The French Yellow Book

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No. 141 :
M. LÉON NÖEL, French Ambassador in Warsaw, to M. Georges Bonnet, Minister for Foreign Affairs. Warsaw, June 21, 1939.

THE innumerable comments, to which the question of Danzig an the Corridor give rise, contain so many inaccuracies regarding Poland attitude, that I feel it necessary to define that attitude once more.

(1) Poland has always shown herself willing, since the beginning of last winter, to give up the right to represent the Free City vis-à-vis foreign powers, and at the same time to agree to the abolition of the office of High Commissioner of the League of Nations, and to complete independence of the Free City from Geneva. Poland would not, in principle, oppose certain modifications of the constitution of the City, which would be only of minor importance to Poland because they would not compromise vital Polish interests (Customs control transit facilities). Polish opposition is directed above all against a annexation by the Reich, which would, it is considered, invalidate a real guarantees relating to the utilization of the Vistula and the port of Danzig, and constitute such a menace to the Corridor that it would run the risk of being taken at any moment.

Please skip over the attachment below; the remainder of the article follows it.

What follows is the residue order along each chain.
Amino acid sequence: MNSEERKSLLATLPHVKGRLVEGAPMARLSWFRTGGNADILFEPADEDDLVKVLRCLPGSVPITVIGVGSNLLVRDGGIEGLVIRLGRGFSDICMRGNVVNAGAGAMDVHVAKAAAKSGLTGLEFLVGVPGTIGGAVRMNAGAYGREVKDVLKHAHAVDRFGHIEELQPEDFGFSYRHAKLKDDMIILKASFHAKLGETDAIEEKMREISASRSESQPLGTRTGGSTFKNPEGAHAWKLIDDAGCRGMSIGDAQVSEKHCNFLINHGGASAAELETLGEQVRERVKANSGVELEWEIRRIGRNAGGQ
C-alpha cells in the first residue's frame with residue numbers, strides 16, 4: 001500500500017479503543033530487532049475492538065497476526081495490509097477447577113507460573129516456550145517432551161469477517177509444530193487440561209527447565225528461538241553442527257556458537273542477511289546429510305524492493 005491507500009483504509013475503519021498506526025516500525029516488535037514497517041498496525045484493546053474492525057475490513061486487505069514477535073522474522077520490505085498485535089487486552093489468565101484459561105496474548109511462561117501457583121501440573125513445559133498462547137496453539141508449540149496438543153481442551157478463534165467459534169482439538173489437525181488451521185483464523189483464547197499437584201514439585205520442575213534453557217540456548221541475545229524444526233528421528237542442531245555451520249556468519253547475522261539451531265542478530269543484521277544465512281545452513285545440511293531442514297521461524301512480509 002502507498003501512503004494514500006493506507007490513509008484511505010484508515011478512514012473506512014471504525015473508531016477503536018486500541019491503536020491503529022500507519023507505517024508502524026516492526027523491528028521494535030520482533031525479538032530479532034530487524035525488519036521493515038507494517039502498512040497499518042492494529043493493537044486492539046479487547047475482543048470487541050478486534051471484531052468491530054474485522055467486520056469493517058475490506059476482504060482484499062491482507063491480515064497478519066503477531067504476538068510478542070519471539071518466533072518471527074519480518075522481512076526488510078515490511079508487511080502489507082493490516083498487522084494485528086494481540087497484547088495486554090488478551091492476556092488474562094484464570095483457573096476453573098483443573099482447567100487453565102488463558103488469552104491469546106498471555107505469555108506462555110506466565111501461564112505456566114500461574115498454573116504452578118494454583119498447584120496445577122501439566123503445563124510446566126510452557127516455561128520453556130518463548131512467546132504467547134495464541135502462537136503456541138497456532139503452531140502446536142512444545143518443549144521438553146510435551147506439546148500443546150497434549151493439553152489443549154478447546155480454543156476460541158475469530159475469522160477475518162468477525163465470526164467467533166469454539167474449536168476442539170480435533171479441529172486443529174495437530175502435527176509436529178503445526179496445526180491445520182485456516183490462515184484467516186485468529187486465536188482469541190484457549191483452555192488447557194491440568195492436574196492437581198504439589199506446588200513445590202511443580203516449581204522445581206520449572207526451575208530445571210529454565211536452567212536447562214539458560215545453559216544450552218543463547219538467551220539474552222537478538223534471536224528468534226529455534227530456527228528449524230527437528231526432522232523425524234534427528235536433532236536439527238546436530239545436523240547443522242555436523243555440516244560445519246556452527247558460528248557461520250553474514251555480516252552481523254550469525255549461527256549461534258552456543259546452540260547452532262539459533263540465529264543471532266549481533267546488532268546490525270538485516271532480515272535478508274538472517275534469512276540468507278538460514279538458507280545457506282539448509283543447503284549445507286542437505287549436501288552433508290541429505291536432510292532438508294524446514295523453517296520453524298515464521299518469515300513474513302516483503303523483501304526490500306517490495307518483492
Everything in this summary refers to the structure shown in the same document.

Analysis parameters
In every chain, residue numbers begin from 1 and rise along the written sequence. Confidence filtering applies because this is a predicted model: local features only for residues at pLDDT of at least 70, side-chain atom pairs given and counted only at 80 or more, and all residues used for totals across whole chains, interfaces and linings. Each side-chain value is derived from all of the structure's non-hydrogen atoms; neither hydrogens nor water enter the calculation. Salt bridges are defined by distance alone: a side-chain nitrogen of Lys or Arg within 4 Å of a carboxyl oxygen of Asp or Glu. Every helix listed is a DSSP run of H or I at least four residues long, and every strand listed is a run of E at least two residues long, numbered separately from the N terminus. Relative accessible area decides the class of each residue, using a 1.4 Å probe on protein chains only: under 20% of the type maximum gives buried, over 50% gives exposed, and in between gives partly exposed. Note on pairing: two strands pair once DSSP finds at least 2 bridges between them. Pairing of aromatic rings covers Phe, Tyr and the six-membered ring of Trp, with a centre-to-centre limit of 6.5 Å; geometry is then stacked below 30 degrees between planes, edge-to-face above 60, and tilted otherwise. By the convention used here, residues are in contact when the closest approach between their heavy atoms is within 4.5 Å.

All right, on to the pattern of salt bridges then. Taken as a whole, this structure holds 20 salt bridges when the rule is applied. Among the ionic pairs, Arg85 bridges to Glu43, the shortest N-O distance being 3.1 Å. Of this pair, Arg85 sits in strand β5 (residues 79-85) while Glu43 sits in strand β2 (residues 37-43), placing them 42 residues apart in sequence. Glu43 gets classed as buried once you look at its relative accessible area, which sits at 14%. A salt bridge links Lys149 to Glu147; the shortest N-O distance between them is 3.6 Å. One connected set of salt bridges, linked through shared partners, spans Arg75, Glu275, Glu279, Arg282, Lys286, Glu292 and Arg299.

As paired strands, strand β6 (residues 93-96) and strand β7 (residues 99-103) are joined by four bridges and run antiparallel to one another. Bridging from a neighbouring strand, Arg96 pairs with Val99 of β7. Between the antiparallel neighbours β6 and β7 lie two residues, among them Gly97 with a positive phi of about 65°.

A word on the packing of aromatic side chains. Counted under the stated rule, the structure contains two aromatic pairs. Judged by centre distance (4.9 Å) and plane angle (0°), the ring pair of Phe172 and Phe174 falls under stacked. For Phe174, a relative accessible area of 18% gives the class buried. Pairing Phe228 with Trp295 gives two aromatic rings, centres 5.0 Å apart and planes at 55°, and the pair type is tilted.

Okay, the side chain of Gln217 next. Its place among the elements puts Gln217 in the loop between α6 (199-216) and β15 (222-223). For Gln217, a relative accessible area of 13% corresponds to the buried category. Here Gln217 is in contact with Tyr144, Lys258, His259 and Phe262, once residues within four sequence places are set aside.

(2) Poland is now, as previously, prepared to facilitate German rail and road communications between East Prussia and the rest the Reich by building, if necessary, at her own cost, a motor-road the use of which by Germans would involve neither Customs control, no a passport or pass. In this respect the intransigency of the Polish Government only applies to its absolute refusal to concede the principle of extra-territoriality for one or more roads across the Corridor.


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